But I will not take upon me to preſcribe to your wiſdoms in the general; only tis my humble requeſt that, that face of the diſcourſe which looks with a particular eye upon our preſent controverſie may not be diſregarded; and further that if againſt what I have delivered, any material Objection be propounded by the Maſter of our Colledge or others, I may have the favour to be admitted to a reply.

This was as far as I can recollect it for ſubſtance, that which I was prepared to have ſpoken in the Colledges behalf, for making thoſe young Youths Probationers according to our ſtatute, and ſuſ­penſion46 of our Maſters man; which well conſidered of, will I hope abundantly juſtifie what I have aſſerted in my Preface concerning that matter.

And I might, had I been then aware of it, have product a­nother argument as ſtrong to the point as any of the former, viz. this moſt Honorable reſolve of the Committee it ſelf, which though entitled, through the Clarks inadvertency with an &c. cannot I think be judged the proceeed of any other Committee.


THat this Committee will not recommend any more perſons to Fellowſhips or ſchollerſhips in any of the Colledges or Halls, in either of the Univerſities reſpectively, where there is a competent number of Fellows to chuſe according to Statute.

Now if our Grant for Probationerſhip were to be null'd becauſe it croſt the firſt Order, and no Petition or proceedings upon it muſt be received to ſtand good againſt a preceding Order: then, how ſo many Petitions for Fellowſhips in our Colledge; (where we are a competent number of Fellows to chuſe according to Statute) and Orders thereupon iſſued out for diſpoſing of them to the Pe­titioners, can be valid againſt this generall order of a precedent date, is a thing I cannot poſſibly underſtand.

All what I have ſaid notwithſtanding, I did then fully acquieſce in the concluſion of the Honorable Committee, till about half a year after, upon the fence of the evil conſequences like to iſſue thence upon the great work of our Colledge Reformation, I was enforct once more to mind them of it: after which, my reſolution was, as having done my duty, to have ſitten down and ſlept in ſi­lence; but I have been awakened againſt my will, and 'tis only the dureſs of a harſh cenſure hath extorted from me theſe Remon­ſtrances.

I hope and much wiſh I may not have occaſion to write any more of theſe Subjects; being deſirous to withdraw mine eyes from beholding vanity, and retire back into my heaven of a con­templative life.

Charles Hotham.


Page 5. l. 18. r. conferr'd. l. 28. r. hence. p. 12. l. 5. r. a tenant at will. p. 17. l. 4. for make r. declare.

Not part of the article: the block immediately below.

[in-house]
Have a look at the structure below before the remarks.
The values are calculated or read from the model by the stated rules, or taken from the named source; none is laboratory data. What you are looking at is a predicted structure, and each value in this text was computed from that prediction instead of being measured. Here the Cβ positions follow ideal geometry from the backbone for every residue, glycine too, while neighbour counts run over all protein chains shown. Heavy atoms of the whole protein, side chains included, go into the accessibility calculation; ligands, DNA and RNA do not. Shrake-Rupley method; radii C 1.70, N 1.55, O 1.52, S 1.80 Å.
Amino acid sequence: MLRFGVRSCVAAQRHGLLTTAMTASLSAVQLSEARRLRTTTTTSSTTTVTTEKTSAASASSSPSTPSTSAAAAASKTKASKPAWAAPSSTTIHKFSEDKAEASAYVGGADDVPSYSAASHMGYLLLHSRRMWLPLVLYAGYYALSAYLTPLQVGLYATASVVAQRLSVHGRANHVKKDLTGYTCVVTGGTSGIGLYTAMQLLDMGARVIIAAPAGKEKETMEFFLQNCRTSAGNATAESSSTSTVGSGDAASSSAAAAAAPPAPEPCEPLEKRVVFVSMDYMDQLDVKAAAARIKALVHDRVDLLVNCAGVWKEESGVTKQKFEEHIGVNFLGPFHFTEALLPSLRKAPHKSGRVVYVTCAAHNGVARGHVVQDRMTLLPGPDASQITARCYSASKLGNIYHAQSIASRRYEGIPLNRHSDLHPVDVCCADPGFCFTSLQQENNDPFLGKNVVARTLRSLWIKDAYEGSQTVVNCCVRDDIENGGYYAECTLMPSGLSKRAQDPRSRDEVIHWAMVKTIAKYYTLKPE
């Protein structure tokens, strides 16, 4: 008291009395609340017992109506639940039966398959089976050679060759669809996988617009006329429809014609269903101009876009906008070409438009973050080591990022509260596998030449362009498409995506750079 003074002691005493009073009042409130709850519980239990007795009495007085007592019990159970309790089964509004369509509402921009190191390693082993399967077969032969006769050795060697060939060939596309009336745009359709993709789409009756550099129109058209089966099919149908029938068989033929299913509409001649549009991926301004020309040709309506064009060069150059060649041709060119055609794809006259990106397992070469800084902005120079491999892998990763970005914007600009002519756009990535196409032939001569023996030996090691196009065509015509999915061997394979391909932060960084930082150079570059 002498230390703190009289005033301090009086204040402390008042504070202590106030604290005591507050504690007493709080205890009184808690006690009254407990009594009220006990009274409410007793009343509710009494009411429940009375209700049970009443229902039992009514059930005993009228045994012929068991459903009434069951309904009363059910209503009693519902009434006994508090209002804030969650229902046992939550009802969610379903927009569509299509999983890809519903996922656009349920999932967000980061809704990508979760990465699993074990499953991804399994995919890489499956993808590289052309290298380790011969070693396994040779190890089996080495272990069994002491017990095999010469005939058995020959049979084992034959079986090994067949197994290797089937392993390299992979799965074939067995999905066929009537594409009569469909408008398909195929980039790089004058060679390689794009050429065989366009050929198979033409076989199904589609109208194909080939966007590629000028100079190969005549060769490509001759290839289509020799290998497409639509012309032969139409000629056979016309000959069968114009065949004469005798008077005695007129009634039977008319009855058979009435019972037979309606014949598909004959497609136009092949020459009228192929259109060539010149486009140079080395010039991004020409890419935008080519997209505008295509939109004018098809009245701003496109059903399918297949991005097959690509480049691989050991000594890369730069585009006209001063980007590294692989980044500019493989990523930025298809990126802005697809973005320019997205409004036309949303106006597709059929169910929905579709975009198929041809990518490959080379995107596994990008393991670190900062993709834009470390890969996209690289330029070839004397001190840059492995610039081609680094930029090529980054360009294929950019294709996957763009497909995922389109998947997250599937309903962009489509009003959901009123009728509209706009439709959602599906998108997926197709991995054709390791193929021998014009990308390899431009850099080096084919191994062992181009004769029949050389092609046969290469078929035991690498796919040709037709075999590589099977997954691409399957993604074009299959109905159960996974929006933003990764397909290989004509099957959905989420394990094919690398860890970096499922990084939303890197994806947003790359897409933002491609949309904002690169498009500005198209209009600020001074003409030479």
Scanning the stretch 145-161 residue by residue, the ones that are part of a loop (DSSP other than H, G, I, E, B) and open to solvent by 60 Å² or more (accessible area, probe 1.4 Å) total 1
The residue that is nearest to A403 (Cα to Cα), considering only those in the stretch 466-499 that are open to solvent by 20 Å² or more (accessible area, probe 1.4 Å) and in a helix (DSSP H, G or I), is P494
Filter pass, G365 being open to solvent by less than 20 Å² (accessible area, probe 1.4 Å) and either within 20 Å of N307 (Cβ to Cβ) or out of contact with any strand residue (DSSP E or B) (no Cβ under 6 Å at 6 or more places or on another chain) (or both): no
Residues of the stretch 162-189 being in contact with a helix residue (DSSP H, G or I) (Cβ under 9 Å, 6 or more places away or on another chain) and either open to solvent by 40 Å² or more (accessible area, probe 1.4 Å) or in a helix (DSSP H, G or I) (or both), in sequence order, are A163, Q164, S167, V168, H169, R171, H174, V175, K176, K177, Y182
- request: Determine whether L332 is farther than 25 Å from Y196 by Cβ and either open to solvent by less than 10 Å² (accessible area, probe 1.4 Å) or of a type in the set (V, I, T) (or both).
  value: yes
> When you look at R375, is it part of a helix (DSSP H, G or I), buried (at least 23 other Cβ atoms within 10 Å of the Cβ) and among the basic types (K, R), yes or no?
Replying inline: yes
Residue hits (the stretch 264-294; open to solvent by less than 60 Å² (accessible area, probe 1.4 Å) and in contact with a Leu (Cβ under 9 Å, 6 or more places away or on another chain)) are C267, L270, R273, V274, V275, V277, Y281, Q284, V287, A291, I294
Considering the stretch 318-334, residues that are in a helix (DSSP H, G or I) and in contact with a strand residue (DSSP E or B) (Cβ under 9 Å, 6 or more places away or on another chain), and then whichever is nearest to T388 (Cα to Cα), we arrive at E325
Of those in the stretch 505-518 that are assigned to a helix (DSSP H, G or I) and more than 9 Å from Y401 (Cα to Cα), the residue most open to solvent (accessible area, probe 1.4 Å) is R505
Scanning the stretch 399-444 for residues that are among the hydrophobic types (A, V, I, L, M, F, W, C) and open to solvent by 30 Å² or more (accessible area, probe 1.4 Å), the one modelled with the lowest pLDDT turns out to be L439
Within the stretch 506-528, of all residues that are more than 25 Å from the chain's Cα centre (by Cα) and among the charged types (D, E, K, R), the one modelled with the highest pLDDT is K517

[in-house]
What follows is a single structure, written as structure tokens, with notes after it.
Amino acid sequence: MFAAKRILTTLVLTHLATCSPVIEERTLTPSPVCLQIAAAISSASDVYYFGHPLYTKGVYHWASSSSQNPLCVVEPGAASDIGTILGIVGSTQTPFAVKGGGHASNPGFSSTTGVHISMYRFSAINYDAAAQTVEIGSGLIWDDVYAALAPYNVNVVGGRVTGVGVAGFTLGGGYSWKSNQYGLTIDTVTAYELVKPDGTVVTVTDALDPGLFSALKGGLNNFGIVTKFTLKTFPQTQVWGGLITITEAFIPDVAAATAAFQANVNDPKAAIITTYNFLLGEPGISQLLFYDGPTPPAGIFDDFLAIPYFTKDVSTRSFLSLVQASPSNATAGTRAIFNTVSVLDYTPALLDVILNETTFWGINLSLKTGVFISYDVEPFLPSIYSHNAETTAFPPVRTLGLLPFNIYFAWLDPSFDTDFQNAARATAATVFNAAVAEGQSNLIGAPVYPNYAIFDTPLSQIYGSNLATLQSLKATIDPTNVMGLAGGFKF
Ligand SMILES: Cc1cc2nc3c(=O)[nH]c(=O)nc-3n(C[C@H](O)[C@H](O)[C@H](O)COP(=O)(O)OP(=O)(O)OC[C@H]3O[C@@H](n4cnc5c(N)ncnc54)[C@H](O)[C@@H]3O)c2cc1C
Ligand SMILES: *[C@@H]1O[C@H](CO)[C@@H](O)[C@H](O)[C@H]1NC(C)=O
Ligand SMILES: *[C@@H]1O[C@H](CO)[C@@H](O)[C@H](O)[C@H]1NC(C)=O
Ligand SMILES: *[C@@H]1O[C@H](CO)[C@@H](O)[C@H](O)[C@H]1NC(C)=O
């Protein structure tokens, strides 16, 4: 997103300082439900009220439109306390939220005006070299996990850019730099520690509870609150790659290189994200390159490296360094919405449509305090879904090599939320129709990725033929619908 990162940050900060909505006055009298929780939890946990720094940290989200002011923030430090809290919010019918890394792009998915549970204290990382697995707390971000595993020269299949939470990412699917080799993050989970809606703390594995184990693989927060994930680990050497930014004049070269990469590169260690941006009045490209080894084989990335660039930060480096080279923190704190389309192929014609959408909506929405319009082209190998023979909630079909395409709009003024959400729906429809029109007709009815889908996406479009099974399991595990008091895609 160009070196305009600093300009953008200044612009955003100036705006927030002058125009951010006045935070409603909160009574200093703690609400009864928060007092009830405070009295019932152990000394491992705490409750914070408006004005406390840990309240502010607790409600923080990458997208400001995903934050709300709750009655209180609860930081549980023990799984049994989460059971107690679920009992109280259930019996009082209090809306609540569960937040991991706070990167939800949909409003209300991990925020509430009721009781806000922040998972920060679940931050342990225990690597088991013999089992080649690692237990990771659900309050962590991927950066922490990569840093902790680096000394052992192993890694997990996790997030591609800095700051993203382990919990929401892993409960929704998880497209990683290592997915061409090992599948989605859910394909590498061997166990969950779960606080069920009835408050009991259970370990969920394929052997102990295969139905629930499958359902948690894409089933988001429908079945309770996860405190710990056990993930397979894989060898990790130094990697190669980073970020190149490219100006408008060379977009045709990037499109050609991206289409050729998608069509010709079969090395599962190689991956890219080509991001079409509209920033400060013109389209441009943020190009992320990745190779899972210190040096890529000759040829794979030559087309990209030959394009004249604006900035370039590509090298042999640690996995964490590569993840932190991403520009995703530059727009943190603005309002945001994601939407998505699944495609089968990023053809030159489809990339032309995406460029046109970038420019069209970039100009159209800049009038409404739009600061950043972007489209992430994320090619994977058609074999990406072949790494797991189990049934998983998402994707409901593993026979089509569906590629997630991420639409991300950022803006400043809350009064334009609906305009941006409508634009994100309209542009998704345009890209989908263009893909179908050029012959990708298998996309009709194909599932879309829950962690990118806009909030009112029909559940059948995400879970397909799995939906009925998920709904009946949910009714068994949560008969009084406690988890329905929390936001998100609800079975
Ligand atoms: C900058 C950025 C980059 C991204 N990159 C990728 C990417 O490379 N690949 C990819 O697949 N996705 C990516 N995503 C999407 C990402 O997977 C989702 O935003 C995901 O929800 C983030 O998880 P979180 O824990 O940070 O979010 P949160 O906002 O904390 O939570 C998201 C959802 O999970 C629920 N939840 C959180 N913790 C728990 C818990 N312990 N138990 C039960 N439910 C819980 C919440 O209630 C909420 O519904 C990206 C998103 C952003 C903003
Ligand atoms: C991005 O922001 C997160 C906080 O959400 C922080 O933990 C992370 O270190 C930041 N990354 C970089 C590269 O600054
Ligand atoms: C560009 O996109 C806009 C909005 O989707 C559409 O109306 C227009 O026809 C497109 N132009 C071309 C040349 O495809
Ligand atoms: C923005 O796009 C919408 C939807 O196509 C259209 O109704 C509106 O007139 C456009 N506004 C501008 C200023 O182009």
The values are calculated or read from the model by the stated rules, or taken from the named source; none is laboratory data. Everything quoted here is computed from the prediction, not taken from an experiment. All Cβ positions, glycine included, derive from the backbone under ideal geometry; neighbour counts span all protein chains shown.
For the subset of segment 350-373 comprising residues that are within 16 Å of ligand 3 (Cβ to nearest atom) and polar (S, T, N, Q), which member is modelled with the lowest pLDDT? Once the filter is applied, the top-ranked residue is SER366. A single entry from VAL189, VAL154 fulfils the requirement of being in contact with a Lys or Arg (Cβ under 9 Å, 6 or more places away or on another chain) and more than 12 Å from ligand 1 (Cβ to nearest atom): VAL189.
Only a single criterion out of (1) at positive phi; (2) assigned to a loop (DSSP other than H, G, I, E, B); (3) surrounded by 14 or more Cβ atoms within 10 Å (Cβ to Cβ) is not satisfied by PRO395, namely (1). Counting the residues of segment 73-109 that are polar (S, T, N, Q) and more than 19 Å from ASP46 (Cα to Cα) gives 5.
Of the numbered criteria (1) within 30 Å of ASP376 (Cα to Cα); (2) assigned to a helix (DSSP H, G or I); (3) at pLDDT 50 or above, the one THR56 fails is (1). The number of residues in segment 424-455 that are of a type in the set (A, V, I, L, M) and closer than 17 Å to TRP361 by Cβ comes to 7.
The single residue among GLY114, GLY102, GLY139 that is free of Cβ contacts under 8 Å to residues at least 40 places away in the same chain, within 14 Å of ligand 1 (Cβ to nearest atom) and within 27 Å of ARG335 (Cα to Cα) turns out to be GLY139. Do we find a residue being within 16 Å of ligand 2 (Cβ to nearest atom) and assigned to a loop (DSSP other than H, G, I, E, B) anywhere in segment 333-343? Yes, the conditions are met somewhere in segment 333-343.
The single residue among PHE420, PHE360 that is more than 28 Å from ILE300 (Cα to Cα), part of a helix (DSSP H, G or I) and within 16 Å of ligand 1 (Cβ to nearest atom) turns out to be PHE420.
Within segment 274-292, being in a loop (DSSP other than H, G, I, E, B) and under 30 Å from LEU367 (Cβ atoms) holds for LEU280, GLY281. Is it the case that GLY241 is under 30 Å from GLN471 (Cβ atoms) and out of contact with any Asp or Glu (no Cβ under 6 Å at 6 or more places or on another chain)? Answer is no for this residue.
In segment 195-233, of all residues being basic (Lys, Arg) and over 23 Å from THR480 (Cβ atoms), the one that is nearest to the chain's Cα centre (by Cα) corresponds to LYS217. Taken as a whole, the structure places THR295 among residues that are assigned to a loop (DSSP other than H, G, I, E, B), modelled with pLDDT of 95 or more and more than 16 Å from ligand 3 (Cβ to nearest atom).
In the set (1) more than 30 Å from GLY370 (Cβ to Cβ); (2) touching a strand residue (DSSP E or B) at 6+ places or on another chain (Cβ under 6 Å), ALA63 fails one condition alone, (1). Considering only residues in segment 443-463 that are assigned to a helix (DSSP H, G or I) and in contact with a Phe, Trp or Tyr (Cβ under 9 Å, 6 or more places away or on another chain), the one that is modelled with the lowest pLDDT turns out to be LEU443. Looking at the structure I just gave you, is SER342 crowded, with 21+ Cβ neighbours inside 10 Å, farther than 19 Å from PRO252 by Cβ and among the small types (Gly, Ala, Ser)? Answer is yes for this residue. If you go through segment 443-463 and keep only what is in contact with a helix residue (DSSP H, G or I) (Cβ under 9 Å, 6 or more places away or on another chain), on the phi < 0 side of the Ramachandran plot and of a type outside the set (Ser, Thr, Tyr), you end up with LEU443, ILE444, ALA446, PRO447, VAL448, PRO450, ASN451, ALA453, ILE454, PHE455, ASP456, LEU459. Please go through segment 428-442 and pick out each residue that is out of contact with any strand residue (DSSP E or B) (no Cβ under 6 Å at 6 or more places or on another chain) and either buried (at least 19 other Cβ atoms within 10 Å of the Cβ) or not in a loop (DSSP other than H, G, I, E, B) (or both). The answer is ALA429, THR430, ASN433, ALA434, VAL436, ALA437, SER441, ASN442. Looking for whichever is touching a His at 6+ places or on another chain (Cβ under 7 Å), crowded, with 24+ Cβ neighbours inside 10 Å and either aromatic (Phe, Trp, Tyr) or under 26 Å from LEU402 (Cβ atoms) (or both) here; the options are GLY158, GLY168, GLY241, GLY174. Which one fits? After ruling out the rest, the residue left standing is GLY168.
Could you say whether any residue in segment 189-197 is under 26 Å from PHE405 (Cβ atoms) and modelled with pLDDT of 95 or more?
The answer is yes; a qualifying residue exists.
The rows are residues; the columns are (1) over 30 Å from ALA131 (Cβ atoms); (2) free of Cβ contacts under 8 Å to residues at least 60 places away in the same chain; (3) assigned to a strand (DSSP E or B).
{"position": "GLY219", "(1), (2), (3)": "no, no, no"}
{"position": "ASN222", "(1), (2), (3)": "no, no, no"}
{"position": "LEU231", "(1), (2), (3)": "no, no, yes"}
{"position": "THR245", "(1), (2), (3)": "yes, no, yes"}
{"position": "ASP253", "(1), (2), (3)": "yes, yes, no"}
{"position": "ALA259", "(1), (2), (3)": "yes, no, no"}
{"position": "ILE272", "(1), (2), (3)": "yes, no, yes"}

About this transcription

TextA true state of the case of Mr. Hotham, late Fellow of Peter-House; declaring the grounds and reasons of his appeal to the Parliament, against the sentence of those members of the committee for reformation of the universities; who on May 22. last, resolv'd the writing and publishing of his book intitled The petition and argument, &c. to be scandalous and against the priviledge of Parliament; and himself to be depriv'd of his fellowship in that colledge.
AuthorHotham, Charles, 1615-1672?.
Extent Approx. 103 KB of XML-encoded text transcribed from 25 1-bit group-IV TIFF page images.
SeriesEarly English books online.
Additional notes

(EEBO-TCP ; phase 2, no. A86588)

Transcribed from: (Early English Books Online ; image set 117948)

Images scanned from microfilm: (Thomason Tracts ; 98:E636[4])

About the source text

Bibliographic informationA true state of the case of Mr. Hotham, late Fellow of Peter-House; declaring the grounds and reasons of his appeal to the Parliament, against the sentence of those members of the committee for reformation of the universities; who on May 22. last, resolv'd the writing and publishing of his book intitled The petition and argument, &c. to be scandalous and against the priviledge of Parliament; and himself to be depriv'd of his fellowship in that colledge. Hotham, Charles, 1615-1672?. [2], 46 p. s.n.],[London :Printed in the Year, 1651.. (Errata: p. 46.) (Place of publication from Wing.) (Annotation on Thomason copy: "July 9".) (Reproduction of the original in the British Library.)
  • Universities and colleges -- Early works to 1800.

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Publication information

  • Text Creation Partnership,
ImprintAnn Arbor, MI ; Oxford (UK) : 2011-04 (EEBO-TCP Phase 2).
  • DLPS A86588
  • STC Wing H2901
  • STC Thomason E636_4
  • STC ESTC R206575
  • EEBO-CITATION 99865699
  • PROQUEST 99865699
  • VID 117948